Grenfell Dog Team Hooked Mat
There are certain categories of antiques whose creation stories carry as much resonance for us as the masterful products themselves. Grenfell mats, such as this hooked portrayal of a dog team carrying a sled and mushers, constitute one of those categories of antiques whose origins evoke a rich and compelling history.
In the late 1880’s, the people of northern Newfoundland and Labrador were making a subsistence living in isolated fishing communities that were accessible only by boat. When Dr. Wilfred Grenfell arrived from England in 1892, he found persevering, skilled people who were in much need of medical, material and economic assistance.
Grenfell believed that rather than offering only charity to the residents of northern coastal communities, it was best to develop long-term, self-sustaining strategies to help them alleviate their poverty. This led to the establishment of a cottage crafts industry called “the Industrial” as an enterprise of the larger Grenfell Mission, whereby local women could produce goods for supplemental income, or often simply for trade to the Mission in exchange for clothing for their families. (For an excellent overview of Grenfell Mission history and its handicrafts movement, along with photos of stunning Grenfell hooked mats, see the 2005 book Silk Stocking Mats by Paula Laverty, Montreal: McGill-Queen’s University Press.)
The women of the region had a long-standing tradition of hooking floor mats during the winter months. An American occupational therapist named Jesse Luther whom Grenfell recruited to the Mission in 1906, recognized after a few years of focusing primarily on weaving and woodworking, that it made sense to build upon the women’s existing mat-hooking skills. Thus began decades of Grenfell hooked mat production that peaked in the 1920s-1930s, and declined after WWII.
Grenfell Industry staff and volunteers delivered hooking materials to women by boat and dogsled, and then collected the finished mats on return visits. The materials included burlap (locally called “brin”) for the backing (and sometimes for the hooking fabric), as well as dyed cotton, wool, rayon and most famously, used silk stockings donated by more affluent women in American, Canadian and British cities, for the hooking. The women also received sketches of the patterns to be hooked. Whereas their traditional patterns tended to be floral or geometric, part of the marketing genius of the Grenfell Mission’s employees, volunteers, and even the founder himself, was to create patterns that reflected the unique northern landscape and ways of life in Newfoundland and Labrador.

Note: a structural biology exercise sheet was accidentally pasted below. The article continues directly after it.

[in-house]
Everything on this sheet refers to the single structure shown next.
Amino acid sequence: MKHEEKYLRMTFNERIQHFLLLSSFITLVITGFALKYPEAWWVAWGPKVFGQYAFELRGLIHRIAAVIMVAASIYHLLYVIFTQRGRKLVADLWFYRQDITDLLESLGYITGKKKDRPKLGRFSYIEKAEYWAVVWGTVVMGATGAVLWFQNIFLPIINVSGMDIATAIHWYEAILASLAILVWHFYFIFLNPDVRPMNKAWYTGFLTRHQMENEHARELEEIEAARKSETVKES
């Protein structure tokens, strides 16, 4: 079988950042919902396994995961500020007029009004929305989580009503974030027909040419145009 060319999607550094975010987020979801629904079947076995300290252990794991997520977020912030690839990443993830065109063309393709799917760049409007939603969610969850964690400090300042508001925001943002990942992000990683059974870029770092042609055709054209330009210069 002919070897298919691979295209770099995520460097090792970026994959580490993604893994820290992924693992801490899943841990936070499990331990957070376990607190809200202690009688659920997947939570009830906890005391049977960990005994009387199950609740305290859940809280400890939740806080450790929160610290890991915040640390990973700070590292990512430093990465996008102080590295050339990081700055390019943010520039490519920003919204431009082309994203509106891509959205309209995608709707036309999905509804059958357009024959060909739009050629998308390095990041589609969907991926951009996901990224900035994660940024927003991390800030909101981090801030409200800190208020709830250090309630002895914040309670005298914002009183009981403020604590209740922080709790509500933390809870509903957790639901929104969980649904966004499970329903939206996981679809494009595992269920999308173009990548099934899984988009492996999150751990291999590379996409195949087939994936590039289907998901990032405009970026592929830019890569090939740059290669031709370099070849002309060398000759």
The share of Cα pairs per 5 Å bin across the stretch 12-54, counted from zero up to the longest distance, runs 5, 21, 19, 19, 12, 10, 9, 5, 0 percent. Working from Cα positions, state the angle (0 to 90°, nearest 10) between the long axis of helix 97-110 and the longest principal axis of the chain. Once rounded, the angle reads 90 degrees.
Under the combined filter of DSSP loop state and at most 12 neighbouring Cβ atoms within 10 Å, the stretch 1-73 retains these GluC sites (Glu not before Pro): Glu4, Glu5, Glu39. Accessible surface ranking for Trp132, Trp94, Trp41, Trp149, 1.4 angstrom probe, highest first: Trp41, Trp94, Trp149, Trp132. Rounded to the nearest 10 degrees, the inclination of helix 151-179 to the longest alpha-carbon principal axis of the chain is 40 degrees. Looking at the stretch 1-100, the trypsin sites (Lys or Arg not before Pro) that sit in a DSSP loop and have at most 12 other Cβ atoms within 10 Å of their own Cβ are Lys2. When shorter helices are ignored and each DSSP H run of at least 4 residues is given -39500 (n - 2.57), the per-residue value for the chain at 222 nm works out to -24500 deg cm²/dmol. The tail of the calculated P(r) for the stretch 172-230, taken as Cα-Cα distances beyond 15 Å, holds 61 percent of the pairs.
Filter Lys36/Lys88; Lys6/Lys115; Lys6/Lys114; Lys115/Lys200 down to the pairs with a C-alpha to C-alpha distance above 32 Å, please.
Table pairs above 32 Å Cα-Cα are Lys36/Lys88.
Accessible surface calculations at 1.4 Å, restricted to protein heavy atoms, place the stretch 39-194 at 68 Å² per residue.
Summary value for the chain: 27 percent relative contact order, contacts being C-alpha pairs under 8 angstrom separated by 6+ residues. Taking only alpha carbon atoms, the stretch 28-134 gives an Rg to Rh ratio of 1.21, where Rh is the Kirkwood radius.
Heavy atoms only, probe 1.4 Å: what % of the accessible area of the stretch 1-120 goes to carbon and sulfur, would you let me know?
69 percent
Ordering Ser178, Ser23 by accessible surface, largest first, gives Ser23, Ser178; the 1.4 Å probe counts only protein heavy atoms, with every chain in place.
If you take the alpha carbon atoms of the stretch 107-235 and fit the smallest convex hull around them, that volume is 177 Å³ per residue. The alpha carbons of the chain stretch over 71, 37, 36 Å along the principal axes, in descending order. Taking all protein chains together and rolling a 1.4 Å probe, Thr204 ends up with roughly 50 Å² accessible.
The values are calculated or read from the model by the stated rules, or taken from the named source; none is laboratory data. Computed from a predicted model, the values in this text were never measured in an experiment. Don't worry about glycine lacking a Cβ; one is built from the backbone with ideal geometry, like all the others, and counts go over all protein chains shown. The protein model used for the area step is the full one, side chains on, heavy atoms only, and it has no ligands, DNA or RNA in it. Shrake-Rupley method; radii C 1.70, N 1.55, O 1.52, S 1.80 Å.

The dog team design was likely one of those originally sketched by Dr. Grenfell, based on his experience with using dogs and sleds as a means of winter transportation in the region. Grenfell must have had a special appreciation for dog teams, as in retirement he opened several mission and tea houses in Vermont and Connecticut which he named The Dog Team (the best known became The Dog Team Tavern restaurant in Middlebury, VT).
This detail from the mat shows the driver and passenger sitting on a wooden box such as would have been used to carry supplies to the outposts, including bundles of hooking materials for the women who lived in those coastal communities. Each of the five traces comes from a dog that is harnessed individually to the sled (known as a komatick) for travel over snow-covered barrens.
The primary hooking material is gorgeously dyed silk, but the dogs are hooked in dyed brin (unraveled burlap) to provide a textural contrast highlighting their fur.
The Grenfell craftswomen’s skills as hookers are unparalleled. Their work was nearly as fine as needlepoint, with a loop hooked through each opening in the burlap backing.
This dog team mat dates from the 1930s, and it retains the Grenfell Labrador Industries label used during that era.
Grenfell mat making has roots in the Arts & Crafts era philosophies and practices that compelled the women who guided the early direction of Grenfell Labrador Industries. Rustic furniture and décor also stems from a similar movement, and in fact Grenfell mats were often sold at rustic resorts to the affluent rusticators who vacationed there. So in addition to being beautiful examples of folk art in their own right, Grenfell hooked mats also have connections to our specialty in rustic antiques. But they also stand thoroughly on their own as aesthetically pleasing evocations of northern coastal landscapes, flora, fauna and ways of life, and as symbols of the pride and tenacity of people who lived with determination off the sea, the land, their wits and their talents.
Enjoy the following sampling of some other Grenfell mats that we have owned over the years.